Images courtesy Princeton Theologicl Seminary library
Postcards were introduced in the late 19th century and quickly gained popularity because they were a cheap and easy way to stay in touch with loved ones. In 1898, U.S. postcard stamps cost just a penny (as of July of this year, they were up just more than fifty-fold).
The design of postcards changed over time, but the standard format we know today – image on the front, with a divided back for a message, an address and stamp – was in place by 1900.
Around that time, a young John Christian Tanis of Pennsylvania began collecting postcards that featured pictures of churches and other religious buildings. Tanis continued building his collection for decades, ultimately amassing tens of thousands of cards. His son, James Robert Tanis, Ph.D. – a minister, professor, librarian, lecturer at Harvard Divinity School and Yale University, and director of libraries and professor of philosophy and religion at Bryn Mawr College – donated the postcards to Princeton Theological Seminary’s Special Collections and Archives.
In 2020, after digitizing postcards from the collection, the Wright Library at PTS made them available for viewing. There, the James R. Tanis Collection of Church Postcards offers some 20,000 cards from all 50 states, Puerto Rico, and the District of Columbia, searchable by city, state, and denomination, along with roughly the same number depicting religious buildings outside the U.S. While most have not been used, many others bear postmarks and stamps, travel highlights, and well-wishes to friends and relatives.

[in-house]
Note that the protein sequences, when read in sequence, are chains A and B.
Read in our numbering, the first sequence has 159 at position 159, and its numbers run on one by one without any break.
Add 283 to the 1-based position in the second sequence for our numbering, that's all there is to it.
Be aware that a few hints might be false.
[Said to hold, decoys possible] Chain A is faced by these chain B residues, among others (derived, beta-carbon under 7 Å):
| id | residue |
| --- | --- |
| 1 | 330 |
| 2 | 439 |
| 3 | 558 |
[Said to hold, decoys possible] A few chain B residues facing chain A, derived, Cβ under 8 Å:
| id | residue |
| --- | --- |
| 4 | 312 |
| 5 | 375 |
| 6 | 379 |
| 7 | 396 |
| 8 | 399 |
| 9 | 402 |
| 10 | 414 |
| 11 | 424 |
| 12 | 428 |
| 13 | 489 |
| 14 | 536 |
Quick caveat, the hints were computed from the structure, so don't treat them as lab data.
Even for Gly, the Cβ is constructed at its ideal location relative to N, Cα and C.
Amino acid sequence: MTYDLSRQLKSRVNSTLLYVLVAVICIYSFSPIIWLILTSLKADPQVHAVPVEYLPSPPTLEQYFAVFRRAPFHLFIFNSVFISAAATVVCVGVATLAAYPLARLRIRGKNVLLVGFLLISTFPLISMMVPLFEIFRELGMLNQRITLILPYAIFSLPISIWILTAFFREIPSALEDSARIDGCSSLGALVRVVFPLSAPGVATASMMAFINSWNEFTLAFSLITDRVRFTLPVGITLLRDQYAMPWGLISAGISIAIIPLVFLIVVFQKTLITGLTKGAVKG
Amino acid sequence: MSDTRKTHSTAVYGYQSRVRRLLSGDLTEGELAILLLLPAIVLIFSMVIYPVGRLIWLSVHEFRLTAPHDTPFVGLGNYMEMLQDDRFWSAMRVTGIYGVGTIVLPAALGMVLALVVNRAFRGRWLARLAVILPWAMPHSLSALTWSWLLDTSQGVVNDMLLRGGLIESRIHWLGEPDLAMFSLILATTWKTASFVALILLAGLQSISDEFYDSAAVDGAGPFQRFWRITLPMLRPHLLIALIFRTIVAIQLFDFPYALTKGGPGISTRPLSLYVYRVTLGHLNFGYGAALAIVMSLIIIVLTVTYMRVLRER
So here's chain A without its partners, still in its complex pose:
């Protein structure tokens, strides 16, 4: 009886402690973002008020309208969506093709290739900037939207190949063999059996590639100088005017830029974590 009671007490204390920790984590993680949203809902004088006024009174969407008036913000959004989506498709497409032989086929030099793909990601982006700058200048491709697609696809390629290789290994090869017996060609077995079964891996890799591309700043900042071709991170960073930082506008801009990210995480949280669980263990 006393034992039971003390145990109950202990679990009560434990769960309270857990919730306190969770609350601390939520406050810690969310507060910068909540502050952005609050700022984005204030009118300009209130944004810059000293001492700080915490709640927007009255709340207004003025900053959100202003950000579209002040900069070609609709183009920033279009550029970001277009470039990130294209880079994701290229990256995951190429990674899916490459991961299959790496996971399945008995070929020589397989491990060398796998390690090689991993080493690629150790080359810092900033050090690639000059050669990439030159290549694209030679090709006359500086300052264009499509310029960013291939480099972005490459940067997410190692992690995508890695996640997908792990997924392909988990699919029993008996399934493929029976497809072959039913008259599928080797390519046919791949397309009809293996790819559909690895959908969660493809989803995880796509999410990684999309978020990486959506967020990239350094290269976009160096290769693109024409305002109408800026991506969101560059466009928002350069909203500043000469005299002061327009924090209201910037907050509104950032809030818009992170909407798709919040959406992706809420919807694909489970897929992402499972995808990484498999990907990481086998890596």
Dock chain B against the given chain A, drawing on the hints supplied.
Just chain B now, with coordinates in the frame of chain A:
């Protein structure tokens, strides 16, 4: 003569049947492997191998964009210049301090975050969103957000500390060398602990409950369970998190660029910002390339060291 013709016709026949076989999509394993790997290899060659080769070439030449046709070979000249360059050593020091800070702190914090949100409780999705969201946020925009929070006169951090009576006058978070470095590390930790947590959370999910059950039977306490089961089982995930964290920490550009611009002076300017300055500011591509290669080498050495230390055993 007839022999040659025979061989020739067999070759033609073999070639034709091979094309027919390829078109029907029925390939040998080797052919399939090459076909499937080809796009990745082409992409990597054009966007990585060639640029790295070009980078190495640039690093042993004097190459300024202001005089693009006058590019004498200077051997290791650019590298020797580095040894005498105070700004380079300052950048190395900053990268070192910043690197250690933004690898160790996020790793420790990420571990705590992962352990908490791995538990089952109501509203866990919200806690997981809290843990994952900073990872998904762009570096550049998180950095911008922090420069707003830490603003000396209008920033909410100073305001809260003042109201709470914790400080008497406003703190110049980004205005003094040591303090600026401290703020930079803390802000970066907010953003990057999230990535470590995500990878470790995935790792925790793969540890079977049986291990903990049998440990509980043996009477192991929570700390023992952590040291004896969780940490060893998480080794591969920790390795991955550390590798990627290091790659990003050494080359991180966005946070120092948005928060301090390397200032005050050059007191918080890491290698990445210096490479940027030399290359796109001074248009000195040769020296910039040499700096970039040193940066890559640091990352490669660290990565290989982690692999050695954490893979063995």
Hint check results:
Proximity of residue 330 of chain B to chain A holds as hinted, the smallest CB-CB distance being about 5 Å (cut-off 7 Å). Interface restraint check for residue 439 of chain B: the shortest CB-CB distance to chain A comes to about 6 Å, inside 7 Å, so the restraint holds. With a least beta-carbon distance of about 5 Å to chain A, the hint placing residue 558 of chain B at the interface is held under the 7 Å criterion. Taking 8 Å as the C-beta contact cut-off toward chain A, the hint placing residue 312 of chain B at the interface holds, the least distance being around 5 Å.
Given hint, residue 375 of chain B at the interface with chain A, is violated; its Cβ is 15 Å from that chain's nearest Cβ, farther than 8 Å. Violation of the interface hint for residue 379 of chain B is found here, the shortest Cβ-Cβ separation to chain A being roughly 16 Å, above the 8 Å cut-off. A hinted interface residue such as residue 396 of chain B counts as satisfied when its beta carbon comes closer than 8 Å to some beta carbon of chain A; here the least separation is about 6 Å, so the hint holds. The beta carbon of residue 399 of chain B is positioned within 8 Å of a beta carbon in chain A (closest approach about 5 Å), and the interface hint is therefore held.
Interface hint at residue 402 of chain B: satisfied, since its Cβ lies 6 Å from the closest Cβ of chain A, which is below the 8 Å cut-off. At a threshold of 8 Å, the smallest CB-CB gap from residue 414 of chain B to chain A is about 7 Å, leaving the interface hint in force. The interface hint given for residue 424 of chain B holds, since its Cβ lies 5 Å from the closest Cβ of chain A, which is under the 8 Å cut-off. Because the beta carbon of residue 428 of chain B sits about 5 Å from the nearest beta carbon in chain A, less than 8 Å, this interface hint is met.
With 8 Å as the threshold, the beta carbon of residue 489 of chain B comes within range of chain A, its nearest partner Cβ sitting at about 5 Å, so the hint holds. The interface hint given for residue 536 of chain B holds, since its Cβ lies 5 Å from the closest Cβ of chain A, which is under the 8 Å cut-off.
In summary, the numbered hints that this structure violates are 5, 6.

A collection of some 40,000 postcards depicting religious buildings from the 20th century is now digitally archived at Princeton Theological Seminary’s library – a window into the history of religious architecture in the United States.
First Chinese Church of Christ, Hawaii
The collection provides an extraordinary overview of U.S. religious architecture, while friendly notes jotted on some of the cards provide insight into how early 20th-century Americans talked about faith during their travels.